Hydrangea shade/sun tolerance

viper4358June 13, 2006

I know that hydrangeas prefer morning sun and afternoon shade. However, I have very little space in my yard that has these conditions. I have a lot of deep shade areas and some areas that receive 2-3 hrs of hot,early afternoon sun. Researching the internet has produced conflicting info on the sun/shade tolerance of various cultivars. I currently have rooted cuttings of nikko blue, endless summer, lady in red, native oakleaf, an unkown blue lacecap and a varigeated lacecap. Can anyone give me some advice on, or ranking of, the sun/shade tolerance of these varieties? If it was your yard, which would you place in the deepest shade and which would get the most sun? Thank you!

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kidhorn(7a MD)

My experience is hydrangea can do OK in lots of shade provided they get some indirect sunlight or the shade is dappled with sun. You should't plant them under pine trees with low hanging branches. 2-3 hrs of sun is OK too. They may wilt on some of the hotter days. Give them plenty of water and they'll perk up.

    Bookmark   June 13, 2006 at 2:19PM
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viper4358

Kidhorn - Thank you for your reply. I am concerned that 3hrs of Alabama afternoon sun will be too much (90 -100* temps May thru September). Also thinking that blooms will be sparse in deep shade. I was hoping that someone would give a ranking of the sun/shade tolerance of the varieties that I listed. I would think that not all hydrangeas are equally adaptable and that some would do better in more shade/sun than others. Google searches have been unproductive because of conflicting info. For example, one site says that ES does well in full sun, and another says part shade - do not place in full sun. Maybe I am making this more complicated than it should be. Any more opinions out there???

    Bookmark   June 14, 2006 at 9:31AM
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yellowgirl(z9aOrlandoFL)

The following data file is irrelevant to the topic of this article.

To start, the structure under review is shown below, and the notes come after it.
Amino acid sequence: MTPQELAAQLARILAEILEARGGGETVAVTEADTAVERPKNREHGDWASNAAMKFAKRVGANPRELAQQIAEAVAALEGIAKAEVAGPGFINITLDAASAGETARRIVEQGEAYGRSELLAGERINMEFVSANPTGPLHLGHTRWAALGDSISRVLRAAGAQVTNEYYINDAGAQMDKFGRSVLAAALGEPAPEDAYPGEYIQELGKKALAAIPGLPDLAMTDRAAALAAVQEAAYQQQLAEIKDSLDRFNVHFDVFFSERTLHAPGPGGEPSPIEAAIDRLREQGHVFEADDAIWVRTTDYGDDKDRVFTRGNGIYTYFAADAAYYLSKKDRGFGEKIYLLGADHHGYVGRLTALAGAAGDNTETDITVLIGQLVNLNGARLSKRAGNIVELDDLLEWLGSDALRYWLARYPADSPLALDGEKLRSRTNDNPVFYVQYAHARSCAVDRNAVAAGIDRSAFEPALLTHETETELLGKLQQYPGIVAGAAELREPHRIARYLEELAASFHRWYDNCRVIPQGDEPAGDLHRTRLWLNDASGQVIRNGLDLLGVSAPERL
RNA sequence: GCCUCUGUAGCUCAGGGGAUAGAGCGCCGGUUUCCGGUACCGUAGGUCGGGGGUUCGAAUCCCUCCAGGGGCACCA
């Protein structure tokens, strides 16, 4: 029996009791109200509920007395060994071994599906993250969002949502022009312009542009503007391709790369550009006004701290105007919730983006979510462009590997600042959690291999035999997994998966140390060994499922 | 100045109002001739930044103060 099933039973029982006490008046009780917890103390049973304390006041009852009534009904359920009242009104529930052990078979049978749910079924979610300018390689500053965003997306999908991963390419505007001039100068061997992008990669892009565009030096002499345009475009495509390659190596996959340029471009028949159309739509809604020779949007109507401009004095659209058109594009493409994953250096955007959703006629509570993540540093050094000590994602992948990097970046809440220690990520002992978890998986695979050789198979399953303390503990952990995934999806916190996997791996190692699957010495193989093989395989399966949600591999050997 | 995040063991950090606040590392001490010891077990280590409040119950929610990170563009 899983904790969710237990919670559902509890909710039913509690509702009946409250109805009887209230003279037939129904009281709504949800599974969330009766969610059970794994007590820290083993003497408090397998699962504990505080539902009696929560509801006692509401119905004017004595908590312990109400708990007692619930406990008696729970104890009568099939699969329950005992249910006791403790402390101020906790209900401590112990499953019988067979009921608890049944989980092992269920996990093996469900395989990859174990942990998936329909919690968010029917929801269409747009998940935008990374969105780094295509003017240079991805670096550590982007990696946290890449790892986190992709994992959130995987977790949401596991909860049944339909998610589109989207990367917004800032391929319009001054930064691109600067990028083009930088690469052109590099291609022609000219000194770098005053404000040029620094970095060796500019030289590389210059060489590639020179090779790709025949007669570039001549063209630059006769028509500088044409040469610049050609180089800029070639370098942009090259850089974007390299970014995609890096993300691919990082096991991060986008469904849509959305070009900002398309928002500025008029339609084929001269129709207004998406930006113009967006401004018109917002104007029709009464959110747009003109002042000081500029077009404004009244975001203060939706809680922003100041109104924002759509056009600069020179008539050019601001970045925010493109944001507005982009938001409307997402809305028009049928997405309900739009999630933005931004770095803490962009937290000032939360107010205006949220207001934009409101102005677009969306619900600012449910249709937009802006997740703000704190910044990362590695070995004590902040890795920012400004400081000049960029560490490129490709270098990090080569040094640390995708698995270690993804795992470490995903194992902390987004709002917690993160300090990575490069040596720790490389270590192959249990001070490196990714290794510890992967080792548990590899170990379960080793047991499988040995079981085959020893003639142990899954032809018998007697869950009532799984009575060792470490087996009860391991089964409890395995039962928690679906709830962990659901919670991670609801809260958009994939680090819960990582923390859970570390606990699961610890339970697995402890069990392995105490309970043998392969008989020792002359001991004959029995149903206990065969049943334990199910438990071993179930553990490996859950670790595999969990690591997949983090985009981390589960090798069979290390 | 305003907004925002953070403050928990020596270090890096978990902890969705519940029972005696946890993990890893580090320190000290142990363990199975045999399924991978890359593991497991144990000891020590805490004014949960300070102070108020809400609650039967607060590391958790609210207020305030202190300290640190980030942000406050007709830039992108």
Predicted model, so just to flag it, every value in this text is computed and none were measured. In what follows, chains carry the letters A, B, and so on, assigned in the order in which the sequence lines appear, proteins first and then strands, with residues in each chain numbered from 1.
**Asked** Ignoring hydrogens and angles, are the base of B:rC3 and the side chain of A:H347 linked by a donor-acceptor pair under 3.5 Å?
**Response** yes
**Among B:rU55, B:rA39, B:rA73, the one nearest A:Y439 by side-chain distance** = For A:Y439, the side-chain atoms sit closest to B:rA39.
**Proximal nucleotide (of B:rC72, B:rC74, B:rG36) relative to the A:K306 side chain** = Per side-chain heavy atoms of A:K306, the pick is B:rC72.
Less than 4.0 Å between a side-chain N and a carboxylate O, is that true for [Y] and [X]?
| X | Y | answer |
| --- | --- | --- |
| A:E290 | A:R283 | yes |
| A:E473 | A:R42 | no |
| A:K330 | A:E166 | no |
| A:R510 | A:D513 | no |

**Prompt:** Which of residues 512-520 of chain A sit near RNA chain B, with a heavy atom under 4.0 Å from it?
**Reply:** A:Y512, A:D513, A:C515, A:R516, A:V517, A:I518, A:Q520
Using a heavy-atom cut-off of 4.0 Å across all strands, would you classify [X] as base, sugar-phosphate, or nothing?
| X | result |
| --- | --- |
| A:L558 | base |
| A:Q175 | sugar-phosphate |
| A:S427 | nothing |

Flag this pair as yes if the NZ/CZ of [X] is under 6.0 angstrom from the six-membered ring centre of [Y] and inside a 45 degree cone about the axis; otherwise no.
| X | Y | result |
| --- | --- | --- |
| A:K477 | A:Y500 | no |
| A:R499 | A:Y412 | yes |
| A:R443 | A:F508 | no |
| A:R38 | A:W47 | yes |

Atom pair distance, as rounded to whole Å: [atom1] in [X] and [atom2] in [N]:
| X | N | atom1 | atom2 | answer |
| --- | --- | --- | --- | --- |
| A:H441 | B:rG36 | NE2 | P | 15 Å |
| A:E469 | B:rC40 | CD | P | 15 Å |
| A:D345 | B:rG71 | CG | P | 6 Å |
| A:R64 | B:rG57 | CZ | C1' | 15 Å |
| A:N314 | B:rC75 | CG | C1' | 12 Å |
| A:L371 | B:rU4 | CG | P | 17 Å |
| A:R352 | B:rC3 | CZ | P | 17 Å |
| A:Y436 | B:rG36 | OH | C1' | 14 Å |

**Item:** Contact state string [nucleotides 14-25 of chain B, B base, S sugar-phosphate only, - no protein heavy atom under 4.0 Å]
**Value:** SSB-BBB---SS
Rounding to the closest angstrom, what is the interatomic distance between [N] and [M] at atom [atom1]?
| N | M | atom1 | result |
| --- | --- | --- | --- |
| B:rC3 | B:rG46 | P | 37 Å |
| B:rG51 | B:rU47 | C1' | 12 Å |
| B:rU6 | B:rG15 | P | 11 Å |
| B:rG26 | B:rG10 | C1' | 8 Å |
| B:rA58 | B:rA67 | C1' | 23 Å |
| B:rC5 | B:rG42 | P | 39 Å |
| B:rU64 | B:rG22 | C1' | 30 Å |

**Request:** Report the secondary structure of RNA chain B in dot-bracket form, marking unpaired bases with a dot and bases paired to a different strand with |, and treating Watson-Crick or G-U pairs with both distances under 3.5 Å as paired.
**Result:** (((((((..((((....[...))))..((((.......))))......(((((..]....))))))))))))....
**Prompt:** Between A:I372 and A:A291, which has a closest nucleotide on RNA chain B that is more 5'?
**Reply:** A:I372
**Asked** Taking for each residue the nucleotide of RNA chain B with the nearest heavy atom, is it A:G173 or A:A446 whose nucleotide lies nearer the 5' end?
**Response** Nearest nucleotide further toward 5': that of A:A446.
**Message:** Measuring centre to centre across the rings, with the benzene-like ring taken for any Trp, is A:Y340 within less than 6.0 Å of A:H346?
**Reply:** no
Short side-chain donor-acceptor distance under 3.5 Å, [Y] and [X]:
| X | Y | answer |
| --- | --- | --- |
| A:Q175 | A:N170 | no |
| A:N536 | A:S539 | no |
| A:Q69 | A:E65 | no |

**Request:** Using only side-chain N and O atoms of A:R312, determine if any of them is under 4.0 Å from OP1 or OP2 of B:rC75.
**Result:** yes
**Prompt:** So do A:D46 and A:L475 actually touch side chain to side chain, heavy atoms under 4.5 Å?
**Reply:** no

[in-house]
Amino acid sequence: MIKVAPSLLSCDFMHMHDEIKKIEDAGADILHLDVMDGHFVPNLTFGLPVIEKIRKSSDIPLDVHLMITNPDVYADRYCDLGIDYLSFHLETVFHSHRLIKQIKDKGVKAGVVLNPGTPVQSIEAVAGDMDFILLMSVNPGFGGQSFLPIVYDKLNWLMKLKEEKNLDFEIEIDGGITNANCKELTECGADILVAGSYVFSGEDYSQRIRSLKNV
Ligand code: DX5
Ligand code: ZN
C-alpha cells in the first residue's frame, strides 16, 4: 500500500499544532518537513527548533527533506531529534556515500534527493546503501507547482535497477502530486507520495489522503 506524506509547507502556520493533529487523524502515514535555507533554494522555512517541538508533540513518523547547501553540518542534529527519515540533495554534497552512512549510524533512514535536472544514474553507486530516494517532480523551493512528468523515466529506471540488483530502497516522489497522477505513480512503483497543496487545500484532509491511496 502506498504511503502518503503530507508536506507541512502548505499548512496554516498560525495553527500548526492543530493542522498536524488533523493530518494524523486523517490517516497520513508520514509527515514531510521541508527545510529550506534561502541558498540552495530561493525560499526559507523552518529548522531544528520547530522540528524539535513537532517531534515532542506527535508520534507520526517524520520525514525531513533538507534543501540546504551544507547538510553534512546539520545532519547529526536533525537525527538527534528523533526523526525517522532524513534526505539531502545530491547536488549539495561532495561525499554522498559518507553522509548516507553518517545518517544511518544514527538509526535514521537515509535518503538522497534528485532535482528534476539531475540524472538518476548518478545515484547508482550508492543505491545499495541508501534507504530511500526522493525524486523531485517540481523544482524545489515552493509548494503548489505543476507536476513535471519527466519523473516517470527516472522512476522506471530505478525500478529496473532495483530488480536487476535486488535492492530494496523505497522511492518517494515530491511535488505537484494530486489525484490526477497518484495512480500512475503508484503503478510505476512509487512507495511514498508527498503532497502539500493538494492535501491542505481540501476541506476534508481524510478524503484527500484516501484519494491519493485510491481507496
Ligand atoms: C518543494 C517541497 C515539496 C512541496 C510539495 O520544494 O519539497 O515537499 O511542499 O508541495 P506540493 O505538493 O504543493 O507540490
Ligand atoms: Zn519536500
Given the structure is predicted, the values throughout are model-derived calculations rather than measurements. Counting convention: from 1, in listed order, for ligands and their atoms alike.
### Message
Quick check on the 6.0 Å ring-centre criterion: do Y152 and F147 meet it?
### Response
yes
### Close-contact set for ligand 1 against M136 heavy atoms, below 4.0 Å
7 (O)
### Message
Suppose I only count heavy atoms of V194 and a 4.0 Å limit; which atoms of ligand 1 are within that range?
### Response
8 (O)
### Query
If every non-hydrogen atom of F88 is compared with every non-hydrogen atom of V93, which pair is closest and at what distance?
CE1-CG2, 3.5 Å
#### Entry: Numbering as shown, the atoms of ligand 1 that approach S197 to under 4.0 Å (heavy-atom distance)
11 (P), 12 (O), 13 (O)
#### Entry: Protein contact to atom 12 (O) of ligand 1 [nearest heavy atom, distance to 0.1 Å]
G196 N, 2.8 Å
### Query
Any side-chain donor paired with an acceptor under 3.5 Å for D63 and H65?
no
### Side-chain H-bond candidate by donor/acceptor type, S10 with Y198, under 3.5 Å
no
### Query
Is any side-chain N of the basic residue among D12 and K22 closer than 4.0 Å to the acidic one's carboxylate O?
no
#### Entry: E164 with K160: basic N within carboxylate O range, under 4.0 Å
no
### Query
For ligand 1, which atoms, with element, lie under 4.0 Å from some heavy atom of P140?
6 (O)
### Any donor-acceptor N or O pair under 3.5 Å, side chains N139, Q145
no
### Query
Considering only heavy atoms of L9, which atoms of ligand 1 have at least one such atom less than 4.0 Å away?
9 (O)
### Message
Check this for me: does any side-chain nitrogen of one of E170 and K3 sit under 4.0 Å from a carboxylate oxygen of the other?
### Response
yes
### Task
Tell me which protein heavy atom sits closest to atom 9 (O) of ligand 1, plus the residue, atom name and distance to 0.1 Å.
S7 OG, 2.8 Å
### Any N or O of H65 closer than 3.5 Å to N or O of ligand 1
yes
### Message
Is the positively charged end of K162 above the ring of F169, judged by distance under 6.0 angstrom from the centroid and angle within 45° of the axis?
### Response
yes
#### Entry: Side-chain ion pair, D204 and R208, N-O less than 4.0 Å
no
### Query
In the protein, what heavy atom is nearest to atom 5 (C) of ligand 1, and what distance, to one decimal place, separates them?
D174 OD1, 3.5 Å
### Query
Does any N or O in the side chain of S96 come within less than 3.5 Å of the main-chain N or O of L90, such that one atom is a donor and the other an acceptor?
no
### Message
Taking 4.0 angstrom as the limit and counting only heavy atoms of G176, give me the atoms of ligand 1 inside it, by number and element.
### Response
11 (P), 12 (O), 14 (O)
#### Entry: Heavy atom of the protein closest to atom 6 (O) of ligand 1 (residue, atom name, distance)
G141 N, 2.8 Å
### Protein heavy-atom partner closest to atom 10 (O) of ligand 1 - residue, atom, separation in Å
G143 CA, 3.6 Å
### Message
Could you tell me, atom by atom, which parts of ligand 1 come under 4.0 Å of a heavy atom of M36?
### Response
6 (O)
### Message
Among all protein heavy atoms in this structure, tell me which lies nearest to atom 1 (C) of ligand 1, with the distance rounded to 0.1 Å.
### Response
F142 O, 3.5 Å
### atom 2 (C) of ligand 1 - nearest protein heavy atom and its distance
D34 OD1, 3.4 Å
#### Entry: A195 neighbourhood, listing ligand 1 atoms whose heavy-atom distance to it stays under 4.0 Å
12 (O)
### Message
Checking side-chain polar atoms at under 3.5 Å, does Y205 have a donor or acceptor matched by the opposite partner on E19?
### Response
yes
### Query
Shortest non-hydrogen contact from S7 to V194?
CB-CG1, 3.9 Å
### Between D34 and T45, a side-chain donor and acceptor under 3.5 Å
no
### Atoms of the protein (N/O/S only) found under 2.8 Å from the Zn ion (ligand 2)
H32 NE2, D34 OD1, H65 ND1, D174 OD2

All hydrangeas are going to need some sunlight to bloom well. I think it goes without saying that none of your hydrangeas are going to like 3 hours of direct afternoon sun, however, ONCE ESTABLISHED, with GENEROUS WATERING, some may handle it better than others. Endless Summer does not handle the sun as well as my Nikkos. It's a tough choice but if I absolutely HAD to, I'd place the plants that are best known for their foliage, (Oakleaf, Variegata, Lady in Red) in the shadier spots and the ones famous for blooms in the sunnier spots) but I would not put any small cuttings in the ground yet as they will not have enough substance to handle the heat/sun.
Not all of us have ideal situations in which to grow the number and type of plants that we would like so compromise is always an issue. My solution to a row of hydrangeas that get too much midday sun, was to plant very fast growing (easily over 5 ft tall in one season) Cassias amongst them. They have a very open habit so they don't totally block the sun, but rather filter it during the worst part of the day. When the hydrangeas are pretty much done, the Cassia is covered with yellow blooms at Thanksgiving through Christmas. Hence the nickname 'Christmas Cassia'.
If you leave the plants in large containers for a while, you can move them around until you find a spot where each will be happy. I do it all the time before I plant. Good luck....yg

    Bookmark   June 14, 2006 at 10:04AM